It’s a long time: Before retiring as Director / Registrar of the First Judicial District Court, she also worked as the Director of Human Resources for the City of Santa Fe, Los Alamos County and the Tax Department and of state revenue.
She was also part of the transition team of two New Mexico governors. Bill Richardson.
After his government career ended, Vigil Coppler worked in real estate and also held a variety of other positions, including chair of the Labor Relations Board of Northern New Mexico College.
She says she ran for city council to put her various skills to good use.
Vigil Coppler says she wants to restore “trust” to city hall, including fixing fences between the city and the union that represents most of the city’s employees. This is a task that she considers herself perfectly suited to assume based on her experience in human resources.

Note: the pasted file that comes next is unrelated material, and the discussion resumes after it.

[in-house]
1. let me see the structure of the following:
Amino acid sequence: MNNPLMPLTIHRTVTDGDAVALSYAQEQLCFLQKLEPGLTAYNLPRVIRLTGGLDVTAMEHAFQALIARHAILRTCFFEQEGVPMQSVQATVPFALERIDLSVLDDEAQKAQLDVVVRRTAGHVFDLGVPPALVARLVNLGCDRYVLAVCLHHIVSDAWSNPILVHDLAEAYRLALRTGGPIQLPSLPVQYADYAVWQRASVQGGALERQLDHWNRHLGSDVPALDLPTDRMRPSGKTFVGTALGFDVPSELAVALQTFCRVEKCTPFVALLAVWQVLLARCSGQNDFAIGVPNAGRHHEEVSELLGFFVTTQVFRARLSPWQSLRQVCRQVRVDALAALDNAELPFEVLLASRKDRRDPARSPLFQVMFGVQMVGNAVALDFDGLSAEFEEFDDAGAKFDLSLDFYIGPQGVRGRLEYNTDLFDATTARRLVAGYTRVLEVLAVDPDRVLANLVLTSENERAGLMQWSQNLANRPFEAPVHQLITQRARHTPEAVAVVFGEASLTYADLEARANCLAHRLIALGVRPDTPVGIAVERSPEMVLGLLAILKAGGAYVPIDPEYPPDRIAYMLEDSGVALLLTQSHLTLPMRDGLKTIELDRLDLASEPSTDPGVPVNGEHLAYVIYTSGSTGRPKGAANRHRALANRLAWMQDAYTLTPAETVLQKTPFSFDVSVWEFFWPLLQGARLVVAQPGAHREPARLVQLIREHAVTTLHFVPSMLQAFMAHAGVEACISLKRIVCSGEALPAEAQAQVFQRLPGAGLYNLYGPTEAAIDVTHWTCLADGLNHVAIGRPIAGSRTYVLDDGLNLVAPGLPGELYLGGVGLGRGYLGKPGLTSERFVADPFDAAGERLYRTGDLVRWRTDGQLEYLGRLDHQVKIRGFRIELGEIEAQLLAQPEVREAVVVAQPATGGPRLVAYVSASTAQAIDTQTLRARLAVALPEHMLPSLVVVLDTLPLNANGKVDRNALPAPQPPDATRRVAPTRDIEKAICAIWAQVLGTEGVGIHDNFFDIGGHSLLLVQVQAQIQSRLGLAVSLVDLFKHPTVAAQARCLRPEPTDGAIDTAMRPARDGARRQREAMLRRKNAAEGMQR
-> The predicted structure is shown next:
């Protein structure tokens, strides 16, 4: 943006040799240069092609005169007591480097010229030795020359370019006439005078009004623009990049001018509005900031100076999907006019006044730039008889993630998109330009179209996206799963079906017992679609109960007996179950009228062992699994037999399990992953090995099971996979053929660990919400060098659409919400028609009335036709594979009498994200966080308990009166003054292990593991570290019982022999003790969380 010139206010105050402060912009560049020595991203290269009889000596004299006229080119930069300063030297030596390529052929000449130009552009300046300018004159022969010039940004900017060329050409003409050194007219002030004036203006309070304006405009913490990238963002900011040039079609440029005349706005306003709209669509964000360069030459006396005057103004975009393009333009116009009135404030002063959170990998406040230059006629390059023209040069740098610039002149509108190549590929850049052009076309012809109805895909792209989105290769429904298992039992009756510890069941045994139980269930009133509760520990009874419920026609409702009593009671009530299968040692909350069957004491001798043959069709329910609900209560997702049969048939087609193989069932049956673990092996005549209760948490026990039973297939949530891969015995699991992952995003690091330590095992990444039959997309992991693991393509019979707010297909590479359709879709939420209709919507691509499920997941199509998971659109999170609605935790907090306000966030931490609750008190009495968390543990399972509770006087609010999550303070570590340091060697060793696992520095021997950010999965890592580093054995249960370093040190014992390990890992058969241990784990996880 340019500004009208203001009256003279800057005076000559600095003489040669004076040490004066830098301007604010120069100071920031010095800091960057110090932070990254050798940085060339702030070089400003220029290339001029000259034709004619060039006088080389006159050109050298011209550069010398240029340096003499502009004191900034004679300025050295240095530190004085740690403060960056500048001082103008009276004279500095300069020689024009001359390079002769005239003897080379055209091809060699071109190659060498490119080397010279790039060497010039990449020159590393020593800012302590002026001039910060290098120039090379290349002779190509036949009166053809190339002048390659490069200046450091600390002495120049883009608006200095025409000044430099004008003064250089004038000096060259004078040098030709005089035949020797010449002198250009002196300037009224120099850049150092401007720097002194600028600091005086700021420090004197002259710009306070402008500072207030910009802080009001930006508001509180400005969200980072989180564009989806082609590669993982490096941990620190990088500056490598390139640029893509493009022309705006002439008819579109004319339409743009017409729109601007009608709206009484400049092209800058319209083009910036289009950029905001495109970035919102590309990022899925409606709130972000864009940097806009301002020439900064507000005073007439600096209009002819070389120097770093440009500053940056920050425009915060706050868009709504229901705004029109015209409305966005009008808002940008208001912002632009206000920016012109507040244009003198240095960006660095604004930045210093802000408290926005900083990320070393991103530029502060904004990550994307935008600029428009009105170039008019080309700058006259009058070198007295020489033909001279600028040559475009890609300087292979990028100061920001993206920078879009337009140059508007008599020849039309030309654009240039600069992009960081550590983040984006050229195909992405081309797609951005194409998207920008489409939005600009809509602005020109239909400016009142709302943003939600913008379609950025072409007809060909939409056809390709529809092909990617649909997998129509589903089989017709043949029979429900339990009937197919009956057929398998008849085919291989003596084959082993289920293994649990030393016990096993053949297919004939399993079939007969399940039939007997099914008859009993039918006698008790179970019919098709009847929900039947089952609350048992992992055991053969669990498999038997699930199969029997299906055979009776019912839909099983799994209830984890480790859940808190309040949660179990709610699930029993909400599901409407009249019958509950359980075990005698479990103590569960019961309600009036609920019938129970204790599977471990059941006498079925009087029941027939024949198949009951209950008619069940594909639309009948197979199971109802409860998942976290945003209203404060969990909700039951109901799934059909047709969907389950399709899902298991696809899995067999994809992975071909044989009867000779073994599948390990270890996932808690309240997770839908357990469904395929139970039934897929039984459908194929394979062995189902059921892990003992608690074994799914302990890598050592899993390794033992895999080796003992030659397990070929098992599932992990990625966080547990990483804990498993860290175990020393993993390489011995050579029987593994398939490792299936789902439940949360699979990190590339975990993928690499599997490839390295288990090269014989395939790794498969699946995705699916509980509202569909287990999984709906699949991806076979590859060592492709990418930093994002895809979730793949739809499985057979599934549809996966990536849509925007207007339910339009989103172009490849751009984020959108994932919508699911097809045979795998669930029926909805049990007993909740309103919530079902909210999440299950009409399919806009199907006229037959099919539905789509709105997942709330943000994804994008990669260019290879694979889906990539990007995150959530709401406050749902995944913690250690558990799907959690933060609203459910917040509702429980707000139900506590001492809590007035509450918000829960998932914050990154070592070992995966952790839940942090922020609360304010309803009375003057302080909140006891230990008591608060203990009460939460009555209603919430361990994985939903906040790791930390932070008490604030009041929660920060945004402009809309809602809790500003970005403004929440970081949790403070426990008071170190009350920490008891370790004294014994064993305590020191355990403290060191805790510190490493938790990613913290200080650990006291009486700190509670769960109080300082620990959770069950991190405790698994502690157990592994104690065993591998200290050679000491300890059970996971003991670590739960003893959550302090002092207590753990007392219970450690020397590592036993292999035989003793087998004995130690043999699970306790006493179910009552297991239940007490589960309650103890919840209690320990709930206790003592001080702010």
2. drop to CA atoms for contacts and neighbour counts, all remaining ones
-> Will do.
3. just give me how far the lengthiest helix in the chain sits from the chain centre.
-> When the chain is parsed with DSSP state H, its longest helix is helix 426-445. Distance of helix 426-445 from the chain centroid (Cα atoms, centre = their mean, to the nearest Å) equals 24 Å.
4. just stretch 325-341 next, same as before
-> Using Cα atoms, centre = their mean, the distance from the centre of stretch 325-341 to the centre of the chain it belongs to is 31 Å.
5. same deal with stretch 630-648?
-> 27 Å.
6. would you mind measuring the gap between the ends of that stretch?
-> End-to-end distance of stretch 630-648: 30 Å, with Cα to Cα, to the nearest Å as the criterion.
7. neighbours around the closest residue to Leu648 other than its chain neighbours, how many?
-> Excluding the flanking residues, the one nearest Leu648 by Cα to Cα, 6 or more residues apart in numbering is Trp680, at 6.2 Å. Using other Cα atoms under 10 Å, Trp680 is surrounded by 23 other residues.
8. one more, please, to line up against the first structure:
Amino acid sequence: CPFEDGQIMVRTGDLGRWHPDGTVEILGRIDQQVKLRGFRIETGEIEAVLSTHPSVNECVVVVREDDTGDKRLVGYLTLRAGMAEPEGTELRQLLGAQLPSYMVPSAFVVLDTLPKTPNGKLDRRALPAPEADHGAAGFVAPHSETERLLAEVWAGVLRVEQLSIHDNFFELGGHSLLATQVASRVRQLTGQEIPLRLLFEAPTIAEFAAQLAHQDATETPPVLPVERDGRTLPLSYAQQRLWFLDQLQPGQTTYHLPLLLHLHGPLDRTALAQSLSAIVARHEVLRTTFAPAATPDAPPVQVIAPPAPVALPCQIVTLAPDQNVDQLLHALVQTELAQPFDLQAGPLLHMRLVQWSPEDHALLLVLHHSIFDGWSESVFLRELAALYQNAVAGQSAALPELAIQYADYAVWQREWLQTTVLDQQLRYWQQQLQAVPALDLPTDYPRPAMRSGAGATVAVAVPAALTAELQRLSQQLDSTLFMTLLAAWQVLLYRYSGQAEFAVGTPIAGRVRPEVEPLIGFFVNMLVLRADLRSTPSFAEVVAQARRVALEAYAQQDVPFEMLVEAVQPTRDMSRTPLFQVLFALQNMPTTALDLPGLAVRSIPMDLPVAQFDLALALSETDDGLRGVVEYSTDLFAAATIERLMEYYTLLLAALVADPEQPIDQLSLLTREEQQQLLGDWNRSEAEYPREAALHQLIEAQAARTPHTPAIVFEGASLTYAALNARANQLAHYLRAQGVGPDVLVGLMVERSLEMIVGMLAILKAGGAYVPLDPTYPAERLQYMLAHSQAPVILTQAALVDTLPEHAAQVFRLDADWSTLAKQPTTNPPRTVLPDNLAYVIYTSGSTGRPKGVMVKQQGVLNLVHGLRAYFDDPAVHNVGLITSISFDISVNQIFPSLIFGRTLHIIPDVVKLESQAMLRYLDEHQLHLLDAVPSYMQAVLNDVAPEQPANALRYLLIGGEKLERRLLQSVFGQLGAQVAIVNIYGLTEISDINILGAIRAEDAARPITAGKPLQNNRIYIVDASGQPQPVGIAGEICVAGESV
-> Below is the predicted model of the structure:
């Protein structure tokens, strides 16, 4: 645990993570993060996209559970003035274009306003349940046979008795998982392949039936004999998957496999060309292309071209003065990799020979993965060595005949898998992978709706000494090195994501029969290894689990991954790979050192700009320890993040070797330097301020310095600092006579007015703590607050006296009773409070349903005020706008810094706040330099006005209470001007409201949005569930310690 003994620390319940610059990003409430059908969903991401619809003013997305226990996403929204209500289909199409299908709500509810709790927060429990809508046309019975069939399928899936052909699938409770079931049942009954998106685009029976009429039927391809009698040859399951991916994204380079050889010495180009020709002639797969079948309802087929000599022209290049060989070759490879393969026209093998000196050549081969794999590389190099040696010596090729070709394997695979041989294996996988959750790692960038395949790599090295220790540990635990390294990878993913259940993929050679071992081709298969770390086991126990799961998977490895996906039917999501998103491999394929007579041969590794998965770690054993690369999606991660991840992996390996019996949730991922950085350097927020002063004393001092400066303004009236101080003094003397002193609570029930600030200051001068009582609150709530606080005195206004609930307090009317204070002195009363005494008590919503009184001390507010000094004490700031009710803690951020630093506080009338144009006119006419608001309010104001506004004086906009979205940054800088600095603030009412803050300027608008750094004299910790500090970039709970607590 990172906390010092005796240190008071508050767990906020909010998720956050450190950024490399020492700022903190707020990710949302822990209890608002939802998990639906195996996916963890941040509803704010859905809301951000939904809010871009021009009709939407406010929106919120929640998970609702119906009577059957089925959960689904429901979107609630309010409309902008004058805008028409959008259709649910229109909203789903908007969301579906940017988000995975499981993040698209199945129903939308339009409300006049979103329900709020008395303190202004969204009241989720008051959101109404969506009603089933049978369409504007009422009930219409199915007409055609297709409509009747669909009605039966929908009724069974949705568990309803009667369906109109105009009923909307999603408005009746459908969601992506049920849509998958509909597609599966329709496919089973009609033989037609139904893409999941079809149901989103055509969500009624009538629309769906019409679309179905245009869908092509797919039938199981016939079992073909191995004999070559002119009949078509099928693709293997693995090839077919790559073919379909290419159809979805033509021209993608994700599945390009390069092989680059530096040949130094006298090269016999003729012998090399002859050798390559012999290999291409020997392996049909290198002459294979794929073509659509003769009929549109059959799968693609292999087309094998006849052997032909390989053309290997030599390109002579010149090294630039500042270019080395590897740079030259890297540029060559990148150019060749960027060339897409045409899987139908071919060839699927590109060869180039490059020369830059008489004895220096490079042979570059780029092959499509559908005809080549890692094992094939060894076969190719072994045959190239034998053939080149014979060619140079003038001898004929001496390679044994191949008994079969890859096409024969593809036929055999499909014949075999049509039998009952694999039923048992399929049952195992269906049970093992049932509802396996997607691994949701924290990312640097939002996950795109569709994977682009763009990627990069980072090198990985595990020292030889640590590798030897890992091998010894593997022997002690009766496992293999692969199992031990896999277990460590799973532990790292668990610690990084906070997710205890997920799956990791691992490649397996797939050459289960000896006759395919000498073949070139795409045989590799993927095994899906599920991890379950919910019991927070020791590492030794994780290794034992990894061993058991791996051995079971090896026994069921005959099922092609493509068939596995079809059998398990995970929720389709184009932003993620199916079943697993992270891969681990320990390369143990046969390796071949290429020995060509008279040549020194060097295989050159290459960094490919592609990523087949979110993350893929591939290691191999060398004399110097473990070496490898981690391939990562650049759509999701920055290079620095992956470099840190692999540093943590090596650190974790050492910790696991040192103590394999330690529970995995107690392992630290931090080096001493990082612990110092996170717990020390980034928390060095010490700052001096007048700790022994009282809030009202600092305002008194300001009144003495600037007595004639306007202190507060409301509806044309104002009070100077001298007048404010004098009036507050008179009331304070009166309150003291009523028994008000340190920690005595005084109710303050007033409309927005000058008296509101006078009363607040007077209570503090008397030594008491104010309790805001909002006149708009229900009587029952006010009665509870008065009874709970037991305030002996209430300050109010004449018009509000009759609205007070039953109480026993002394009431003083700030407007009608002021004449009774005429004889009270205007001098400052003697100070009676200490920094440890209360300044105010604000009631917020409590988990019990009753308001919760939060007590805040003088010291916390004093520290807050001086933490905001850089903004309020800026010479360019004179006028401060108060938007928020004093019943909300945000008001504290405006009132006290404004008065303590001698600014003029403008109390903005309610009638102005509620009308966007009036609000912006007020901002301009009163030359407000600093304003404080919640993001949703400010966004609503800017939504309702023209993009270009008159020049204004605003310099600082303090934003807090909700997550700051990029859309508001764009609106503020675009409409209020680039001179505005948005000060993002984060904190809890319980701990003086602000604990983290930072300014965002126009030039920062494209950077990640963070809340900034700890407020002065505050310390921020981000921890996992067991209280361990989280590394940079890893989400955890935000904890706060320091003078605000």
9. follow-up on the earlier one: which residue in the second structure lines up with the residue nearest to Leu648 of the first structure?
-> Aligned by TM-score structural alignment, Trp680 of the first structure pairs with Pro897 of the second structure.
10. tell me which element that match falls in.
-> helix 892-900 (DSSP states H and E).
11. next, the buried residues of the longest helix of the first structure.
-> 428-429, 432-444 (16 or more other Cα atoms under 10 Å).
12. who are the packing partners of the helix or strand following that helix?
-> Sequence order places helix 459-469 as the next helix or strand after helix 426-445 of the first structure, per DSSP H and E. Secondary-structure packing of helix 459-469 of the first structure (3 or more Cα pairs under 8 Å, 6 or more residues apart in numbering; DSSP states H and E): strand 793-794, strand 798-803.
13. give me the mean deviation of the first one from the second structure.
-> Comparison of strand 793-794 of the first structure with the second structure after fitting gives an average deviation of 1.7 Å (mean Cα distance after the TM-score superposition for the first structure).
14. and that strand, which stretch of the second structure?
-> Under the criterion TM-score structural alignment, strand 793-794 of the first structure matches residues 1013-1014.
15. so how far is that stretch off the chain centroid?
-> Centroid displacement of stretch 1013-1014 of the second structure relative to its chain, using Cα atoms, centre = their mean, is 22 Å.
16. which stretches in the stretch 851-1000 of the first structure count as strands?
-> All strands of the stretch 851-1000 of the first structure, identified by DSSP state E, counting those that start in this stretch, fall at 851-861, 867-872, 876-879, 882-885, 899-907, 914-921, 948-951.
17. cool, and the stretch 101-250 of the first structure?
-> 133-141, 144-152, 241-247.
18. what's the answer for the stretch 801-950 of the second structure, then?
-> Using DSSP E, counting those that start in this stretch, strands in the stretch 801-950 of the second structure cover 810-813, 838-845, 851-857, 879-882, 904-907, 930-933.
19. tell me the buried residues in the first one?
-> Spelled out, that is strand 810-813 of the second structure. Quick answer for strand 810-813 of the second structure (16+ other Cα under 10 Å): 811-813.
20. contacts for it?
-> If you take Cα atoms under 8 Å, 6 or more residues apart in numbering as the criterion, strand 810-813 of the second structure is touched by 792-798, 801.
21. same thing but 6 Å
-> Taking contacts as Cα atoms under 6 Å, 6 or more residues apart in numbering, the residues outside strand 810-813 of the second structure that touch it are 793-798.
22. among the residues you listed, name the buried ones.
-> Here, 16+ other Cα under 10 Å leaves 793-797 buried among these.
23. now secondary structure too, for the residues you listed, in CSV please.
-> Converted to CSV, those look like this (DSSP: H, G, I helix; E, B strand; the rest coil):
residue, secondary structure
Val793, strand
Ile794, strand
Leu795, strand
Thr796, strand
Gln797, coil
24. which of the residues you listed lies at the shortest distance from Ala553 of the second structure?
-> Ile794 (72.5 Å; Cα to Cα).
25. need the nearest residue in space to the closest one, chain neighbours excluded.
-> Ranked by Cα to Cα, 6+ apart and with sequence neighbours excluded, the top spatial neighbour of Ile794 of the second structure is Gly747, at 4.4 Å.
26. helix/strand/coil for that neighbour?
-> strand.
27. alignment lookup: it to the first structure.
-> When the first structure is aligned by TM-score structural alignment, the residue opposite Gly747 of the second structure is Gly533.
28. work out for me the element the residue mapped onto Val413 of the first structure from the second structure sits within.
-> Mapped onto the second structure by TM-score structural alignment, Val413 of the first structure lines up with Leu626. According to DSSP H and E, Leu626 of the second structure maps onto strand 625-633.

But in a city where many voters assess candidates by their ties to the earth beneath their boots, Vigil Coppler has tied his campaign and his message to Santa Feans not to politics, but to emotion and roots.
Former Princess of Santa Fe Fiesta, Vigil Coppler was one of five siblings, raised in Santa Fe primarily by his mother, Margaret Vigil.
Her mother, who worked as the director of the state barber council, and her father, Benito Vigil, who worked for the nonprofit HELP New Mexico, divorced when she was in eighth grade.
She remembers a relatively quiet upbringing filled with many friends and long walks along the local arroyos. But when she was 15, her family experienced a tragedy when her younger brother, Gerry, was hit and killed by a motorist outside EJ Martinez Elementary School on the last day of school. He was 12 years old.